COVID-19 update

Please be aware that our office is currently not open to visitors and we are unable to take phone enquiries.  Following the latest Government advice, we are not arranging face-to-face appointments for the foreseeable future. We are responding to emails; however, due to the impact on our staffing resources, our response times will be affected.  Please read our information for customers and organisations

Decision Report 201708468

  • Case ref:
  • Date:
    November 2019
  • Body:
    Grampian NHS Board
  • Sector:
  • Outcome:
    Upheld, recommendations
  • Subject:
    clinical treatment / diagnosis


Ms C complained that the board failed to provide her with reasonable information about a fistulotomy (a surgical procedure to treat a fistula - a small tunnel that develops between the end of the bowel and the skin near the anus), the risks involved and the other options available, before carrying out the procedure. Ms C was left incontinent after the surgery.

We took independent advice from a consultant surgeon. We found that Ms C had not been seen prior to the fistulotomy to discuss the risks and incontinence was not documented on the consent form. We found that although it had been reasonable to offer the surgery to Ms C, she should have been seen in clinic to discuss the risks and benefits as well as the other options for surgery. We considered that Ms C had not been provided with reasonable information about the fistulotomy before the operation was carried out. We, therefore, upheld this aspect of the complaint.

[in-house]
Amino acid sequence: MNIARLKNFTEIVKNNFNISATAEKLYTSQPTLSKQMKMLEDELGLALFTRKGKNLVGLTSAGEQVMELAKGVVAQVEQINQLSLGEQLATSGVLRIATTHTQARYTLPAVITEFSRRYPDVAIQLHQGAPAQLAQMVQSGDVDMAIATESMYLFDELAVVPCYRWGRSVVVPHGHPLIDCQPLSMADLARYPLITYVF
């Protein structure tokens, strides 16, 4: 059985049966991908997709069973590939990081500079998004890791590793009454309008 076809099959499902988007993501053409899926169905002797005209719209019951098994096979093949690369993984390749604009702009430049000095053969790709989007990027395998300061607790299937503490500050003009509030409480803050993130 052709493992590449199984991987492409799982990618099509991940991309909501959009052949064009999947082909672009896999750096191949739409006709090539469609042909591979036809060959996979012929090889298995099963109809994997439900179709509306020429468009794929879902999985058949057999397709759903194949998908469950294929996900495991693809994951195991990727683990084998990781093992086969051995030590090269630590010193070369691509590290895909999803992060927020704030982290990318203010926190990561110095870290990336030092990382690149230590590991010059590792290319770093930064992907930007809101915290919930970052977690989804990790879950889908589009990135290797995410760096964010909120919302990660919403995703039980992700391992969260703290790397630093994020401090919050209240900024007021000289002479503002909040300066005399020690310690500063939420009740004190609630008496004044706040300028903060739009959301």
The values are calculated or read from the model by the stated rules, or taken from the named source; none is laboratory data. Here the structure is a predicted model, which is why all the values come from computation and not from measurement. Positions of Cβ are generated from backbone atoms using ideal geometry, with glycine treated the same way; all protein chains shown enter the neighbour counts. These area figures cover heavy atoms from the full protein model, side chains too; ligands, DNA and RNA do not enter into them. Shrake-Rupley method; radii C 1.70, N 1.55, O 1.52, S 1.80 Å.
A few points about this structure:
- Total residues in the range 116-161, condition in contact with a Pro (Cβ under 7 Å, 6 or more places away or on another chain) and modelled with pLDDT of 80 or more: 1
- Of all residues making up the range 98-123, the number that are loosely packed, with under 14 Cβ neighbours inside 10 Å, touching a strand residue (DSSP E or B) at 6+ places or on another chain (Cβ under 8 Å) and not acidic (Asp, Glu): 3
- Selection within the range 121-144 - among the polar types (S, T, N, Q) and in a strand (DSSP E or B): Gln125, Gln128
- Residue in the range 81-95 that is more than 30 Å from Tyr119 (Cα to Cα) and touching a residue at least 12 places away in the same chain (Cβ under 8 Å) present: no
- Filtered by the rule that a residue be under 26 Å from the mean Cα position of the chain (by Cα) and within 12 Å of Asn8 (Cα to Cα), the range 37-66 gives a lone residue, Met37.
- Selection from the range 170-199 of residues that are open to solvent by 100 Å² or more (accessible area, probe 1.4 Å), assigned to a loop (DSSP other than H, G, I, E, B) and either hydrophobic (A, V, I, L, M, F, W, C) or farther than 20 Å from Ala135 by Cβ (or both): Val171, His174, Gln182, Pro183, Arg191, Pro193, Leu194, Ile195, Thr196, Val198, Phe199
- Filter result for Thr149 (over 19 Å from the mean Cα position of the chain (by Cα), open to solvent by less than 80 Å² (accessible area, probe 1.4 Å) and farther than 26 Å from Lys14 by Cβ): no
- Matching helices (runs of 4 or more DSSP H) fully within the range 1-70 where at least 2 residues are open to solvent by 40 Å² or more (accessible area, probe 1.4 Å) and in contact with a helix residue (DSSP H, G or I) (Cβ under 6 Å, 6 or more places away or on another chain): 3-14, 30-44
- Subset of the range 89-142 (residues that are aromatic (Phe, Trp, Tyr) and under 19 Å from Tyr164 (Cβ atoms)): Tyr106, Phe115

Ms C also complained that the board’s response to her complaint was inaccurate. The board’s response to her complaint had stated that other surgical options had been discussed with her. There was no evidence in the documentation we received from the board that this had been discussed with Ms C. We found that if this had been discussed, it should have been documented. Therefore, we upheld this aspect of the complaint.


What we asked the organisation to do in this case:

  • Apologise to Ms C for failing to provide her with reasonable information about a fistulotomy, the risks involved, the other options available before carrying out the surgery and for providing an inaccurate response to her complaint. The apology should meet the standards set out inthe SPSO guidelines on apology available at www.spso.org.uk/information-leaflets

What we said should change to put things right in future:

  • The board should ensure that patients being considered for a fistulotomy are given reasonable information about the risks and benefits and other options and that this is documented. Patients should also be given sufficient time before the operation to consider this information.

In relation to complaints handling, we recommended:

  • Where appropriate, statements in complaint responses should be supported by evidence.

Updated: November 20, 2019